Ubuntu server vs Ubuntu server minimal: memory usage

Just a quick post as I had been using the Ubuntu server minimal install option a lot lately but couldn’t find any solid information on whether it used less memory than the standard server install.

Typically the advantage of the minimal installation option is that it includes fewer applications and other bits and pieces (for example the man pages function isn’t installed). The advantages of this are that you will potentially have a smaller attack-surface and that there will be fewer software updates to install, along with the corresponding reduction in disk space requirements.


In order to test this I simply provisioned two identical Virtual Machines on Promox VE 8.1. These VMs have vanilla settings with the exception of the enabling QEMU agent support and storage discards.

Each VM was assigned:

  • CPU: 4 cores
  • RAM: 2GB

The Ubuntu installations were identical and used vanilla defaults with the exception that I enabled the SSH server. The installation media was the same using ubuntu-23.10-live-server-amd64.iso (SHA256: d2fb80d9ce77511ed500bcc1f813e6f676d4a3577009dfebce24269ca23346a5)

Once installed, I allowed 20 minutes for each VM to get into a steady state and measured memory usage using the free command:

free -m

Testing results: unpatched

As we can see there is a substantial difference between the standard server install and the minimal install of 128MB, which is an increase of 47%, or put the other way around a decrease of 32%
The fact that there is some difference isn’t too surprising but the degree of difference is very much so and well worth paying attention to.

So is that it? Well, not quite…

These numbers were collected from freshly installed systems but without all the latest patches. Once we install the patches then the picture changes somewhat:

Testing results: patched

While the memory usage of the minimal installation hasn’t changed much from 270MB to 285MB (+5.5%) the standard installation’s usage has reduced dramatically from 400MB to 308MB (-14.75%).

The sum result is that the standard install now uses 19% more memory than the minimal install.

Whether that number is significant will depend on your environment but to use a practical example: if I have a virtual server host with 128GB of RAM then that would allow a theoretical density of about 375 VMs on the host using the standard Ubuntu server install compared with 449 VMs using Ubuntu minimal.
An extra 74 VMs is nothing to sneeze at! And even doubling the VM memory to 4GB would net you an extra 37 VMs.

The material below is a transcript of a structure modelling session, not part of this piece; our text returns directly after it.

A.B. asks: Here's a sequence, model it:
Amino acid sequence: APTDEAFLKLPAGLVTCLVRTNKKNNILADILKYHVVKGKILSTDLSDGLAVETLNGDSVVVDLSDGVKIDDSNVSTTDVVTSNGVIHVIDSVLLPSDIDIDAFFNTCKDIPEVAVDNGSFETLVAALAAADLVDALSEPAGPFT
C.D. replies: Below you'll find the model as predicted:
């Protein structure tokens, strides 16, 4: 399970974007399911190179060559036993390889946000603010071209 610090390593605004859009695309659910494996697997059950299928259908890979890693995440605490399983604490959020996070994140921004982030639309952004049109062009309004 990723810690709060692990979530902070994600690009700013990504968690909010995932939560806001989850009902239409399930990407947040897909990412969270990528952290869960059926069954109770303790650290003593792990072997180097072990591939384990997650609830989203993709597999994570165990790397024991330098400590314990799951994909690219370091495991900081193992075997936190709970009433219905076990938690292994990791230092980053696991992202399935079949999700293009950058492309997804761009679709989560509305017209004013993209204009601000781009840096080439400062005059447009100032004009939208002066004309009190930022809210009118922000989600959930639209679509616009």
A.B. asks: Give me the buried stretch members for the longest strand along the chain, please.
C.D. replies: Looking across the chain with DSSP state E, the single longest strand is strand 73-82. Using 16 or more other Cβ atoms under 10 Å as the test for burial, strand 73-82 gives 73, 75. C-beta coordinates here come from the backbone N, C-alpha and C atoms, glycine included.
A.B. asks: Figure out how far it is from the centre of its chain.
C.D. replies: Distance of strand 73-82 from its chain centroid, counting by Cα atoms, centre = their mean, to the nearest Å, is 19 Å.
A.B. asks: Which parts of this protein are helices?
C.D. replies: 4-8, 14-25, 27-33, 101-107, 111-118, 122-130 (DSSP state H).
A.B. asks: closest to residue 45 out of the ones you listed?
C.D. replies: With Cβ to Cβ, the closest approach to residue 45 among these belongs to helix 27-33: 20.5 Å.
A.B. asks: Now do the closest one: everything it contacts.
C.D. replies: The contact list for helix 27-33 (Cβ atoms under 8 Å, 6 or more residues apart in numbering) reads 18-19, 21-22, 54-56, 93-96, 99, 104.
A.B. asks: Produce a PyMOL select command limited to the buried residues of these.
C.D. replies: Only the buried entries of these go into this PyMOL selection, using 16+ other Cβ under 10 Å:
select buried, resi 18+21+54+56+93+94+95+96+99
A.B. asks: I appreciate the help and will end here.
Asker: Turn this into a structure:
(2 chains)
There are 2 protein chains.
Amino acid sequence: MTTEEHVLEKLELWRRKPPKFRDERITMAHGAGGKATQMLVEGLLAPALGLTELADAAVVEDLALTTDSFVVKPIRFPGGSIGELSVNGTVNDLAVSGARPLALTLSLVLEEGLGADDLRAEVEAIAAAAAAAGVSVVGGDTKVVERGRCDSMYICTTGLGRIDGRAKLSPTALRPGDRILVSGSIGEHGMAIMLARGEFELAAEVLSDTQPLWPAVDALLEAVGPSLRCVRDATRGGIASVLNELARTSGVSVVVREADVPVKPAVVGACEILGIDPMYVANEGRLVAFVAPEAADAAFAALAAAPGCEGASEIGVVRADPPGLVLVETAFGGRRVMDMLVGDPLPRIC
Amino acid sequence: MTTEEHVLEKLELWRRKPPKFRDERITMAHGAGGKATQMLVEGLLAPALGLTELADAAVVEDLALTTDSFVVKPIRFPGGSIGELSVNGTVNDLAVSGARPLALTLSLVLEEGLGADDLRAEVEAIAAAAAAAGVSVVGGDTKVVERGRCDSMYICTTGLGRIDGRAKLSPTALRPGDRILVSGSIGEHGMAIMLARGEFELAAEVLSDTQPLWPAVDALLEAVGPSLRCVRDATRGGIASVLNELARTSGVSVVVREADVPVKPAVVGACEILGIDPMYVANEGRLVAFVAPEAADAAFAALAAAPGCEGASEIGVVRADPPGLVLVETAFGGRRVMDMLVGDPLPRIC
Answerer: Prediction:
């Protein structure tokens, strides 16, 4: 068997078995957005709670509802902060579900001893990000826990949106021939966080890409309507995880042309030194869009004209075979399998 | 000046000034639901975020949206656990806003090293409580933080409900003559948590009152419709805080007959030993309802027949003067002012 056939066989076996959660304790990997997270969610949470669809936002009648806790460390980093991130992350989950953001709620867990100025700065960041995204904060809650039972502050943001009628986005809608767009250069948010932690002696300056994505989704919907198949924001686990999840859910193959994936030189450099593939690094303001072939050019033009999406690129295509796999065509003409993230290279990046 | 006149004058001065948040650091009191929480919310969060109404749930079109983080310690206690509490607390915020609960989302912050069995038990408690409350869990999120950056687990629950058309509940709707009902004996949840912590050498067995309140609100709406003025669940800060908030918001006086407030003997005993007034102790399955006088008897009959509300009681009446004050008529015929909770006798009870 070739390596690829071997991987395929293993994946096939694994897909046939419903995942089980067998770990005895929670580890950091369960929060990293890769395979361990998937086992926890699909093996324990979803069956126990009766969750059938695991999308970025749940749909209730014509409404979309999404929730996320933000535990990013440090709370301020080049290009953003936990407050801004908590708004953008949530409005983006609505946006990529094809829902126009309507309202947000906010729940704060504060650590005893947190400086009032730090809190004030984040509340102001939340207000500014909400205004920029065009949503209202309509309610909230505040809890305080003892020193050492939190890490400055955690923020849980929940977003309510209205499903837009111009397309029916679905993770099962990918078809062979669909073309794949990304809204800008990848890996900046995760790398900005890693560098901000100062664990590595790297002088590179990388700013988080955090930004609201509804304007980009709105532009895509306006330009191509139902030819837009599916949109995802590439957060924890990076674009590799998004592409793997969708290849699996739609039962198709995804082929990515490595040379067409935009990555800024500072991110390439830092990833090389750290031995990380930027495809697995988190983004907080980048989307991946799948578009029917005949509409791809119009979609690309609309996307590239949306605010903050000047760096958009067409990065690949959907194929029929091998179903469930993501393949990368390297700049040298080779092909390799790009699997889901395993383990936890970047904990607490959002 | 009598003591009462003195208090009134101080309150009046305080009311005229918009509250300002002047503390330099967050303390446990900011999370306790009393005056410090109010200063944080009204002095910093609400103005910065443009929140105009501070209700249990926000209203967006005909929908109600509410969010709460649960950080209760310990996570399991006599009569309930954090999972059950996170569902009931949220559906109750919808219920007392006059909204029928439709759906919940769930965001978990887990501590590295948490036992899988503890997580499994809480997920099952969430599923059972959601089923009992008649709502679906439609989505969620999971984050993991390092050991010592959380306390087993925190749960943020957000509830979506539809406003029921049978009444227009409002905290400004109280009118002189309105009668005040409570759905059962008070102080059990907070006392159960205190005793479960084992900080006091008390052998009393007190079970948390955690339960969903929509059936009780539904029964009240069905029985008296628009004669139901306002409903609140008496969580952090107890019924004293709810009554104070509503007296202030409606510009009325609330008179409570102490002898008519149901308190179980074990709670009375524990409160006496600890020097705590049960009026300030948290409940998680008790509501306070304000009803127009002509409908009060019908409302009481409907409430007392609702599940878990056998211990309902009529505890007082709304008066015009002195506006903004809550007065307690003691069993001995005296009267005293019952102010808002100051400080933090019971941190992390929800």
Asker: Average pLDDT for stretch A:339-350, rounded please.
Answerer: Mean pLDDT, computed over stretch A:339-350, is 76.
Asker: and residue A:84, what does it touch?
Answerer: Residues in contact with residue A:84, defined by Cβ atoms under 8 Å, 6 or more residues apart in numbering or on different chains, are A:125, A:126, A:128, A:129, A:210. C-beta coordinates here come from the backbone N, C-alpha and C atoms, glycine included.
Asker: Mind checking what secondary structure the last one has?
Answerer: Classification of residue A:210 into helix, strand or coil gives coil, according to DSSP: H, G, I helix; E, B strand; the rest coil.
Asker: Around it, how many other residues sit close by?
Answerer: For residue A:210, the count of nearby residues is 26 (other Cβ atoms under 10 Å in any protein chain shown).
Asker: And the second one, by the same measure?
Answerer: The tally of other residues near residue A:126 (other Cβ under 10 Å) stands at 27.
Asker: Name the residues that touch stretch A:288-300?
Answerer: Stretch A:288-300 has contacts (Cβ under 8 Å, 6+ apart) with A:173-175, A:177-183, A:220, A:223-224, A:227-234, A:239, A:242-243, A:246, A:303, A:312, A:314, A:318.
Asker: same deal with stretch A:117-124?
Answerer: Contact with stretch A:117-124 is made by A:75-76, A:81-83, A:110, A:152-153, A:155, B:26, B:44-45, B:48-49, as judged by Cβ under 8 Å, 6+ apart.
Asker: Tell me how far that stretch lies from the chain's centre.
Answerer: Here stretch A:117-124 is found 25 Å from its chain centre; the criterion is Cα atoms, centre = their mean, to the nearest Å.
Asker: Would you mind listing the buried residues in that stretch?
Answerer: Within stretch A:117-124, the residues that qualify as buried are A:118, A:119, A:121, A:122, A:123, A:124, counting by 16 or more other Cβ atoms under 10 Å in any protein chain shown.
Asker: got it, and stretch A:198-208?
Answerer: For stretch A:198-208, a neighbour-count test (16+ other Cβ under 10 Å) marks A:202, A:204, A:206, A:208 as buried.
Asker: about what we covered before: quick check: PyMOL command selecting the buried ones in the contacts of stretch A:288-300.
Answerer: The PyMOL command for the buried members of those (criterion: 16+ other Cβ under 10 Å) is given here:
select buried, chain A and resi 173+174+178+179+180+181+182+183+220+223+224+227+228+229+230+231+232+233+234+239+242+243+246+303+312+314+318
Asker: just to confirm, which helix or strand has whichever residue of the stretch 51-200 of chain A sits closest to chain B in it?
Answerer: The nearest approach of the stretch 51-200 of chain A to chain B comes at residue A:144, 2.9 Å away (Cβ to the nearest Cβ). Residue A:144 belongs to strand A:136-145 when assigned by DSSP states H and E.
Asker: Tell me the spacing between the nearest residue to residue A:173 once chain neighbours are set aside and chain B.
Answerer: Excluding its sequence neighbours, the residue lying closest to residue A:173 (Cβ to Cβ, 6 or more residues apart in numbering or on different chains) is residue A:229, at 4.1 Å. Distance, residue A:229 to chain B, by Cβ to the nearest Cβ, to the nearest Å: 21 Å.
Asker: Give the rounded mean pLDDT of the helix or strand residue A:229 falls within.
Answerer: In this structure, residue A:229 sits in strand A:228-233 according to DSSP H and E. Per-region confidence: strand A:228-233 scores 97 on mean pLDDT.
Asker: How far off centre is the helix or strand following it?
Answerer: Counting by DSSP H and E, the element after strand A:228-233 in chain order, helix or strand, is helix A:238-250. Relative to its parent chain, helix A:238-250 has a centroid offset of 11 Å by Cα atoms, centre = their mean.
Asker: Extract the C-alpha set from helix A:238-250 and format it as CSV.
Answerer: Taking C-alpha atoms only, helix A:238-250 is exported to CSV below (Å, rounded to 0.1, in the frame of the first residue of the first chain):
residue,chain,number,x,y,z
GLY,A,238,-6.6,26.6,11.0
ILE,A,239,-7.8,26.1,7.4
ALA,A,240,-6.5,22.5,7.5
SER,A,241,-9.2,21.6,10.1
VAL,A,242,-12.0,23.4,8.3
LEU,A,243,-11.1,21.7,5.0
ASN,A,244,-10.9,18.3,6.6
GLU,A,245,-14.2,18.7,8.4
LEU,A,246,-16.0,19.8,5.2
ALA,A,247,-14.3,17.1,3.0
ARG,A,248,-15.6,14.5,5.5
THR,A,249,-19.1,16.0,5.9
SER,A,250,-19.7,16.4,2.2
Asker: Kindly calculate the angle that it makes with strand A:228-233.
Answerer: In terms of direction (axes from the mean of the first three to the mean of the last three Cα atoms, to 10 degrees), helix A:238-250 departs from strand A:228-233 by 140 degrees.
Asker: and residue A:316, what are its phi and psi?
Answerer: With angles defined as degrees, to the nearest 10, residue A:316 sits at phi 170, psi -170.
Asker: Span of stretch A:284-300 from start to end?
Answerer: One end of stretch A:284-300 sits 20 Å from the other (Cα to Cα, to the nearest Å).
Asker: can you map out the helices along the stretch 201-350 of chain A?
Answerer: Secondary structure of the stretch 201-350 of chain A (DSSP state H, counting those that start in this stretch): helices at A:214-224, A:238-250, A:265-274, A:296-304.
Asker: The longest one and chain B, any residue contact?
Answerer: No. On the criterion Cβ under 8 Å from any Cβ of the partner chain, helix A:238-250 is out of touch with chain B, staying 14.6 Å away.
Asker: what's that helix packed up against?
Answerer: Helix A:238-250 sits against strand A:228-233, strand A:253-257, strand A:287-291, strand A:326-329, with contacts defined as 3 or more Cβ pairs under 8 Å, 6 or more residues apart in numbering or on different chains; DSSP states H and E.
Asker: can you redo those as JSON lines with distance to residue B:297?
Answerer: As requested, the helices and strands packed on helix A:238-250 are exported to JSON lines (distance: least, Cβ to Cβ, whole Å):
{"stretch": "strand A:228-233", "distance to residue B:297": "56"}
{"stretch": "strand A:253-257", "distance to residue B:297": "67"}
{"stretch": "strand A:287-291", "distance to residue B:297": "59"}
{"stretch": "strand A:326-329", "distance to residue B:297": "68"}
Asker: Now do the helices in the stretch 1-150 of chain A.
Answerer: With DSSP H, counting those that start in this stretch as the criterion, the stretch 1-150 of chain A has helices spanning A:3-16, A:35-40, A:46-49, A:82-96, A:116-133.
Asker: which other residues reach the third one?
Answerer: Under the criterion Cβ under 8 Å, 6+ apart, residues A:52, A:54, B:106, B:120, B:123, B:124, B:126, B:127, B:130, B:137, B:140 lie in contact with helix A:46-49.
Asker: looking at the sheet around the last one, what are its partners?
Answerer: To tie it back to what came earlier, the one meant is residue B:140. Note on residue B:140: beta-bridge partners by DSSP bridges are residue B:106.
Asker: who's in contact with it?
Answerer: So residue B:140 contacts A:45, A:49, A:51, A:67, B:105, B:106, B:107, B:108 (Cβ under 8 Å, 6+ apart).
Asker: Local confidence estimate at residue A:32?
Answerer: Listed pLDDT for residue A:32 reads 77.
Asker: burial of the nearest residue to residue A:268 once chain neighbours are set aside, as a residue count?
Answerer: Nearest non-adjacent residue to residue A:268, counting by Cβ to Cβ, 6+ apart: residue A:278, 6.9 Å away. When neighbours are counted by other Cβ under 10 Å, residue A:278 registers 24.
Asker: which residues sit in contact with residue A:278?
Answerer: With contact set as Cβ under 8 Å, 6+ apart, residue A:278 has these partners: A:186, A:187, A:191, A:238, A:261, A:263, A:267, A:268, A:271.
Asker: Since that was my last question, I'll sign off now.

Still, bear in mind that this is theoretical because your real-world VM memory density is going to also be affected by what applications/services you end up running on these nodes.

A final test that I thought might be useful was to see if the installation of Virtual Machine guest services changed the memory situation much; one of the functions of such services is to facilitate features such as memory ballooning and so it might produce some interesting results…but the answer was ‘not really’.

It’s also worth a quick look at the disk space used by each install…

Test results: disk space

For the default Volume Group where root is installed Ubuntu server uses about 4.2GB whereas Ubuntu minimal uses 3.6GB: a difference of -14%. Granted these aren’t huge numbers in today’s world of multi-terabyte storage but it’s definitely significant from a statistical perspective.

What, however, is very interesting is that after patching the standard server install uses 4.4GB (+4.7%) and the minimal install still uses 3.6GB.


This was a very quick and dirty investigation. The data is definitely worth considering and taking notes on. However, bear in mind that memory usage changes over time and since I did not capture numerous data points in parallel it is impossible to say with certainty how far apart each scenario is- all we can see is that approximately there is a statistically and practically significant difference.
Moreover, when we’re dealing with numbers as small as circa 100-300MB we will find that small differences in those numbers will result in large-ish differences when we calculate them as percentages. This is why I’ve provided the results in Megabytes as well as in percentages, so that we keep any percentage differences in context.
Finally, it’s worth noting that I obviously didn’t investigate where the (used) memory went. This is important because what I did observe was that the buffer/cache value for each scenario was substantially different (for example, Ubuntu server with patches is about 234MB buffer/cache whereas Ubuntu minimal is about 173MB). As such, it may straight-forwardly be that more applications and services on the standard install lead to an increase in cached data; however, I did not prove that and it could just as well (although less likely) be to do with different caching settings on each installation.

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